And, yes, before anyone had ever heard the fiery speeches of Malcolm X and the morally courageous anti-war stands taken by Muhammad Ali in the 1960’s, Robeson had carved a niche for himself not only as an anti-imperialist champion but, also, as a forceful advocate for economic and social justice.
It would, therefore, not be too much of a stretch to assert that in many different fields of endeavor, Robeson was an unique individual way ahead of his time.
I have long admired Robeson for his staunch political convictions, principled stands, and perseverance when the odds were heavily stacked against him. That is the essence of political courage and greatness. But, in the “fierce urgency of now” and this obsessively politically correct era we live in, we tend to forget many like him who’ve come before us — especially those unfairly tarred with accusations of unpatriotic behavior by shameless demagogues amongst our midst
To this day, Paul Robeson’s many accomplishments remain obscured by the propaganda of those who tirelessly dogged him throughout his life. His role in the history of civil rights and as a spokesperson for the oppressed of other nations remains relatively unknown. In 1995, more than seventy-five years after graduating from Rutgers, his athletic achievements were finally recognized with his posthumous entry into the College Football Hall of Fame. Though a handful of movies and recordings are still available, they are a sad testament to one of the greatest Americans of the twentieth century. If we are to remember Paul Robeson for anything, it should be for the courage and the dignity with which he struggled for his own personal voice and for the rights of all people.
Note: if you’ve never watched ‘Here I Stand’ on PBS, see the below video of ‘The Charlie Rose Show’ in which Rose discusses the PBS Documentary with actor and activist Ossie Davis and Paul Robeson, Jr. a few days before it was broadcast in early 1999. Fast forward to the 42:40 mark of the video.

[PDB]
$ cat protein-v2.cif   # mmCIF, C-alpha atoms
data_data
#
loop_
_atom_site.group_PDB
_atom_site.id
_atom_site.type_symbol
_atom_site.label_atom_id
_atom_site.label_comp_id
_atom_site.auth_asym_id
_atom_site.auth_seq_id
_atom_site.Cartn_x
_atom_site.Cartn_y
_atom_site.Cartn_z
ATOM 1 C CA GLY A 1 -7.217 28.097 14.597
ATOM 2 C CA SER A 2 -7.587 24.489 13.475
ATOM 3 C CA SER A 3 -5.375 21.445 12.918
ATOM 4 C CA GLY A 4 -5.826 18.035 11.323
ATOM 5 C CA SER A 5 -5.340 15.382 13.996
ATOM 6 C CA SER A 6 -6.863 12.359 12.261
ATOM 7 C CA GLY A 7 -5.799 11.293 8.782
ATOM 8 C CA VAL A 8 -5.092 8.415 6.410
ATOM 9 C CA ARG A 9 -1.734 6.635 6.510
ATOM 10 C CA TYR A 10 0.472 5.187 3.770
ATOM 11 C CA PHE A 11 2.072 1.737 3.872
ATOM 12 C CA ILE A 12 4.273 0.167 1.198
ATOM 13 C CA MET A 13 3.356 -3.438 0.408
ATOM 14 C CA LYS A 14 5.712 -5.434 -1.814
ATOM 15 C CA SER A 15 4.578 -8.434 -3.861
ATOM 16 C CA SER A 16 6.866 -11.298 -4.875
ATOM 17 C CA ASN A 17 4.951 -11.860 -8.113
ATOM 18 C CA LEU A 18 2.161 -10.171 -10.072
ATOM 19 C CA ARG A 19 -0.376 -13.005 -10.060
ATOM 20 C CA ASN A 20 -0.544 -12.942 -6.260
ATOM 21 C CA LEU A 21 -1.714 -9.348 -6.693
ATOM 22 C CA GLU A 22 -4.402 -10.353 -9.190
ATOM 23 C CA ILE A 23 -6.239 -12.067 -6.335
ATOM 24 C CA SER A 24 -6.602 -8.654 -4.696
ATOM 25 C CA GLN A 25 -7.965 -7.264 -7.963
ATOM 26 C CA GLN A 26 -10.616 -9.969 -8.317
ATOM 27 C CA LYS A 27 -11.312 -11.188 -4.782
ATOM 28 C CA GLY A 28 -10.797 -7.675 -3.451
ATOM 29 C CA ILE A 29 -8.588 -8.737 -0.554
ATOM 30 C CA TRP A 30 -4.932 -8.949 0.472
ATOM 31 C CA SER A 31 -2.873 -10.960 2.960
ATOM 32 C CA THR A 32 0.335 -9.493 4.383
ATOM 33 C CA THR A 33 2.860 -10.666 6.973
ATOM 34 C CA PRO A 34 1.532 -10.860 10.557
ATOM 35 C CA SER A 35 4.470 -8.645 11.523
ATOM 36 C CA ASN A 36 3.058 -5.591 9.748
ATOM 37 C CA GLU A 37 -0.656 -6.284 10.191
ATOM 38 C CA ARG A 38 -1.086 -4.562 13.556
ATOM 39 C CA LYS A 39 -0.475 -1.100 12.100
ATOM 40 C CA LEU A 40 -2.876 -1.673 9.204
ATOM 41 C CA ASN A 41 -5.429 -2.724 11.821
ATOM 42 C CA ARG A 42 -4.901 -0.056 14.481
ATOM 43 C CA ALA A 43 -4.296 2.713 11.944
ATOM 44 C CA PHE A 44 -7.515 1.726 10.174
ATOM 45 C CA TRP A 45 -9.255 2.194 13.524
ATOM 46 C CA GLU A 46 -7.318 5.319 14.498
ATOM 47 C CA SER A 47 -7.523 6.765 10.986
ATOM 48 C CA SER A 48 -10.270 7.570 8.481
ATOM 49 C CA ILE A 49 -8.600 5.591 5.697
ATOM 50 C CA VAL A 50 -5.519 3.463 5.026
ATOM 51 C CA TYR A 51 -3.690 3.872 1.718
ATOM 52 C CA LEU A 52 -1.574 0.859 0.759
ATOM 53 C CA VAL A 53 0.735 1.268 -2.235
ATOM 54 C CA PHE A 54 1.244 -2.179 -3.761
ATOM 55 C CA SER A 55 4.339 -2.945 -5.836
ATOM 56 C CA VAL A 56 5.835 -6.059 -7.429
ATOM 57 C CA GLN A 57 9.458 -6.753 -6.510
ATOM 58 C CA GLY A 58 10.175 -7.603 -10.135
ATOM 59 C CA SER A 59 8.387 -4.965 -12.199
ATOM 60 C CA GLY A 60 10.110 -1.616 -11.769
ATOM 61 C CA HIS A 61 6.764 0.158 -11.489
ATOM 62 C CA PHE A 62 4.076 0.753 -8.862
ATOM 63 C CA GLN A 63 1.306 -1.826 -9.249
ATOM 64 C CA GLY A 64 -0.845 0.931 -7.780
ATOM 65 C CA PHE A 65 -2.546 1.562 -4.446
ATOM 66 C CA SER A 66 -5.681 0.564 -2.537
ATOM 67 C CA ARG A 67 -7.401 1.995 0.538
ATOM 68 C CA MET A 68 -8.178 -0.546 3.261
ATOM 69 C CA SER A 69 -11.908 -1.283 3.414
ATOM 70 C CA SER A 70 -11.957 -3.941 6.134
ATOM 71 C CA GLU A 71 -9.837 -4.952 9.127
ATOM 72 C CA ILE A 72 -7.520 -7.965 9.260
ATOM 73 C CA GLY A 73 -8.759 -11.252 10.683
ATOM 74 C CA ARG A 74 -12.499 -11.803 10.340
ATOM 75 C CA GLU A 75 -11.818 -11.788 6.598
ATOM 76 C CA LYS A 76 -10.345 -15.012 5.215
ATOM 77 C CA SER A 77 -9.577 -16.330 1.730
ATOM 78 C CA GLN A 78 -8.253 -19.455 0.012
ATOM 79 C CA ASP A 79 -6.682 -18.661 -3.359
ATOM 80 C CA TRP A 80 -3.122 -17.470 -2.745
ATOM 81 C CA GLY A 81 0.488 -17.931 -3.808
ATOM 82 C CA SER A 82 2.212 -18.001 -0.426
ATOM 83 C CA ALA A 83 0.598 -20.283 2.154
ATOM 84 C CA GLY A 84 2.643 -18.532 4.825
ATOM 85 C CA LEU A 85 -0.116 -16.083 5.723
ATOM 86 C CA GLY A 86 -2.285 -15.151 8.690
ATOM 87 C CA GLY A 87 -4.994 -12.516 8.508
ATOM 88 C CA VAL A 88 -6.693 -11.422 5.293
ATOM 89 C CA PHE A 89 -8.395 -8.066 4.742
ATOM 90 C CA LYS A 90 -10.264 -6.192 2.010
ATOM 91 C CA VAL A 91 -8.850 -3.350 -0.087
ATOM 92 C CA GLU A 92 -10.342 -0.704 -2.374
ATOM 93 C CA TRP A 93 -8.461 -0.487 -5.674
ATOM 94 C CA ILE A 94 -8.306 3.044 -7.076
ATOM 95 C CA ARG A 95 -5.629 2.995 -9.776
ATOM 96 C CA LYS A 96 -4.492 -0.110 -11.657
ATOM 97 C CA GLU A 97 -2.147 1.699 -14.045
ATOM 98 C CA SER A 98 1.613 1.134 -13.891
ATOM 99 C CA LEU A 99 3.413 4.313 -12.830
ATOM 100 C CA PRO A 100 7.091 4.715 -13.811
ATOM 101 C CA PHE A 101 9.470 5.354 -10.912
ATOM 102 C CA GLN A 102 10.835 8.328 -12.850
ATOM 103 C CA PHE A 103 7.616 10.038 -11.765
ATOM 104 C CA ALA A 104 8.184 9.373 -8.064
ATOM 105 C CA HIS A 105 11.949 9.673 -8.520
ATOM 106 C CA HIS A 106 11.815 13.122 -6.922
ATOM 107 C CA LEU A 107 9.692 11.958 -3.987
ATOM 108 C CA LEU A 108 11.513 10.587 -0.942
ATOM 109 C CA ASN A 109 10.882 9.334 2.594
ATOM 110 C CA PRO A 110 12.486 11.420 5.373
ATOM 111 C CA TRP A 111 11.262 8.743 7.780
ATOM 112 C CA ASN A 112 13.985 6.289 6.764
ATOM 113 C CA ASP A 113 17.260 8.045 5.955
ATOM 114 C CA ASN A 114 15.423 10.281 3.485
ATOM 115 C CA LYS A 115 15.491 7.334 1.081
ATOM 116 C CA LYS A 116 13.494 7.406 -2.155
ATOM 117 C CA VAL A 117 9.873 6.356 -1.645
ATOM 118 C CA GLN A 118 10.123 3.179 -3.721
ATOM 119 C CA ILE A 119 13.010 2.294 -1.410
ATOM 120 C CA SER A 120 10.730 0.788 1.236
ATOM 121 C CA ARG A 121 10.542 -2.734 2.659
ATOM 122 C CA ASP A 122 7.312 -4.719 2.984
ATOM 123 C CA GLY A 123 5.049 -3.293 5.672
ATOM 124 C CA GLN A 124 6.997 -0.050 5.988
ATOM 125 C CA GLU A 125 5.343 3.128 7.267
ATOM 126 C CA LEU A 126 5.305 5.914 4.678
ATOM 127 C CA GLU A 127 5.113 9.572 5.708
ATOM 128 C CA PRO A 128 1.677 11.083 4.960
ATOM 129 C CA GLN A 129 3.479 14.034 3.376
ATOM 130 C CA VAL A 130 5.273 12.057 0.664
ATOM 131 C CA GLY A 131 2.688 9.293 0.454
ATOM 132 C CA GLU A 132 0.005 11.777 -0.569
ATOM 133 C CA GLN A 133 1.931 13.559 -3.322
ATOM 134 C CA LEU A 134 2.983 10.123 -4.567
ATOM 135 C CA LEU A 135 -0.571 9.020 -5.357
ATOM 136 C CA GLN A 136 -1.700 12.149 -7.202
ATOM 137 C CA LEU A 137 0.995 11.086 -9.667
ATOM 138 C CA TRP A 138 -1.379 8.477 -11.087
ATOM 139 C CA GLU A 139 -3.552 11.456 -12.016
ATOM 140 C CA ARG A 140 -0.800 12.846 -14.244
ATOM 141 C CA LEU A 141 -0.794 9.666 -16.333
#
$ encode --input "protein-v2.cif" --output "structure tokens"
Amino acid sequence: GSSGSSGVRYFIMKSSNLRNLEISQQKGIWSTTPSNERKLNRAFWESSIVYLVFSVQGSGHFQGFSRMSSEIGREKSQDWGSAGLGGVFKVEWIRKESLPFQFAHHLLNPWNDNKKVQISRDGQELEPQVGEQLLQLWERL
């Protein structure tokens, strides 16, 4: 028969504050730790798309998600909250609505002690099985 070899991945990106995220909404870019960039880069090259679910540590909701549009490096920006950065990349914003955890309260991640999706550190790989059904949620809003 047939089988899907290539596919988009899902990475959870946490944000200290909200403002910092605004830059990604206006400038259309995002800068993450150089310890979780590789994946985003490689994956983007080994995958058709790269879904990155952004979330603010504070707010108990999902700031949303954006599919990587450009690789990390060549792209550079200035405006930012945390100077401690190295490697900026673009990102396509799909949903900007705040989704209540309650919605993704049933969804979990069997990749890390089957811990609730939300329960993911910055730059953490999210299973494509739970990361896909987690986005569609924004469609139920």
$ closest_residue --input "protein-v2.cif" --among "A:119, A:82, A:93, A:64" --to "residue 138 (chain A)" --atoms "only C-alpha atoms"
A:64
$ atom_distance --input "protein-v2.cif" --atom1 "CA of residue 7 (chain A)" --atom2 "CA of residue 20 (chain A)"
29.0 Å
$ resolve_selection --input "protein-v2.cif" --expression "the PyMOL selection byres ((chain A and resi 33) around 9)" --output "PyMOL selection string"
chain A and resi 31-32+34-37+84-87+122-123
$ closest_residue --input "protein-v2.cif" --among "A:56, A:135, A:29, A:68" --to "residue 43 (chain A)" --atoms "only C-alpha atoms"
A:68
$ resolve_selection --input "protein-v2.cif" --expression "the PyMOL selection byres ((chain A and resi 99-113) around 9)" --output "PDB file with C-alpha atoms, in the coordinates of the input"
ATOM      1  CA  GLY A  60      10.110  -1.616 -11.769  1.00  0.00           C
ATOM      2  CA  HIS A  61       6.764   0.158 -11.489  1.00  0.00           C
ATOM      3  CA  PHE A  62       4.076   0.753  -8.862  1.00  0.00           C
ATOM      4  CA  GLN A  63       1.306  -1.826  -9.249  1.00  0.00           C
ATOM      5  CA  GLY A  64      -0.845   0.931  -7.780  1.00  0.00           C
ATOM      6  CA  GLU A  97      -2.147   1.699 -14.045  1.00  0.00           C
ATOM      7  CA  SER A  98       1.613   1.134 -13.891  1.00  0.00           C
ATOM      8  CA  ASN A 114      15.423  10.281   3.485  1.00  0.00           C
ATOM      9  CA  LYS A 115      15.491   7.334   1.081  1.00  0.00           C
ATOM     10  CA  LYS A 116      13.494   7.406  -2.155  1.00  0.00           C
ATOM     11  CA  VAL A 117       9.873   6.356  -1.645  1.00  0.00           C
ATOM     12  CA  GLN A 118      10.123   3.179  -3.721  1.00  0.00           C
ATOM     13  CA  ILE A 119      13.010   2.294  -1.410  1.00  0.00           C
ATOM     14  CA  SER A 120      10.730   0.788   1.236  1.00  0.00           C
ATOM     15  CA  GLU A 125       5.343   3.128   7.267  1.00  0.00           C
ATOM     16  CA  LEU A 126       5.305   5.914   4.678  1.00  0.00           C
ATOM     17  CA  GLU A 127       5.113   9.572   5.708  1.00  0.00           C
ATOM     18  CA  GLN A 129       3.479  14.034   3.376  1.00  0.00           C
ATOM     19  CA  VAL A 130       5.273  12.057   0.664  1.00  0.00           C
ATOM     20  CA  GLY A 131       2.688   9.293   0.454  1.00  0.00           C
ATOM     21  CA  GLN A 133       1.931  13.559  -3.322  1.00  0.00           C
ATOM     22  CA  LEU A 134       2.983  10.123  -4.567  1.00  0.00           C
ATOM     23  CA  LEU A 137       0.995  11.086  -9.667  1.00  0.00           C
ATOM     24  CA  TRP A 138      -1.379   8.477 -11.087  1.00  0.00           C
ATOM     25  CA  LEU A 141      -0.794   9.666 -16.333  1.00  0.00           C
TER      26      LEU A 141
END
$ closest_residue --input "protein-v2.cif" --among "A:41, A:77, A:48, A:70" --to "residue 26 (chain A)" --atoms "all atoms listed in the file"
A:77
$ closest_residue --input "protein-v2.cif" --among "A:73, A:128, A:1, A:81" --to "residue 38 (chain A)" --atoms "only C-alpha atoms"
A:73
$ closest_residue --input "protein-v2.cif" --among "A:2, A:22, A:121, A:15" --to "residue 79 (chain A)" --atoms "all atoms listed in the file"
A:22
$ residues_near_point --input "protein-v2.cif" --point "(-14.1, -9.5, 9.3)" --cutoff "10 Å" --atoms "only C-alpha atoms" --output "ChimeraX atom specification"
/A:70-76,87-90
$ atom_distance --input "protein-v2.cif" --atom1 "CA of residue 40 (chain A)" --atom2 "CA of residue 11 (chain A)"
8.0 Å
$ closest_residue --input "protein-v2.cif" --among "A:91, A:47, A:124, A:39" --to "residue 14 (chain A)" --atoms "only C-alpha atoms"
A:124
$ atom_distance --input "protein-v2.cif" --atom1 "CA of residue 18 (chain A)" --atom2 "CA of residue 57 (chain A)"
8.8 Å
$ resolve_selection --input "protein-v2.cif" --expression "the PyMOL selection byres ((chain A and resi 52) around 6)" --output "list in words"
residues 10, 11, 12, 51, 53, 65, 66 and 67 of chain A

Towards the end of Arthur Miller’s classic play, Death of a Salesman, Linda Loman cries out with a memorable demand for respect for her deceased husband, Willy Loman
Attention, attention must finally be paid to such a person. You called him crazy… no, a lot of people think he’s lost his… balance…
How long can that go on? How long? You see what I’m sitting here and waiting for? And you tell me he has no character? The man who never worked a day but for your benefit? When does he get the medal for that?
The painful question implicit in Linda Loman’s anguished cry for help is, at least to me, quite self-evident: what kind of a society do we live in, one that recognizes and acknowledges a man’s contribution to his fellow human beings only after he has departed this good earth and left us for good? And even then, we often fail to credit those whose shoulders we stand upon today. For, without their efforts and sacrifices, we wouldn’t amount to much.
Indeed, not unlike Willy Loman, attention must be paid to Paul Robeson.
Note – almost all of us hold the civil rights movement leaders I’ve mentioned in the diary poll in high regard. Given the limitations of the poll — without discounting the contributions of, among others, Whitney Young, A. Philip Randolph, James Farmer, Joseph Lowery, and Roy Wilkins along with countless others who suffered in anonymity — what I’m interested in finding out is this: Were you or your parents involved in the Civil Rights Movement? Did you ever attend a rally? If you met Robeson or one of the leaders mentioned, what are your lasting memories? And even if you’ve never met any of them, what do you think of their contributions? Share your thoughts, and impressions. Thanks.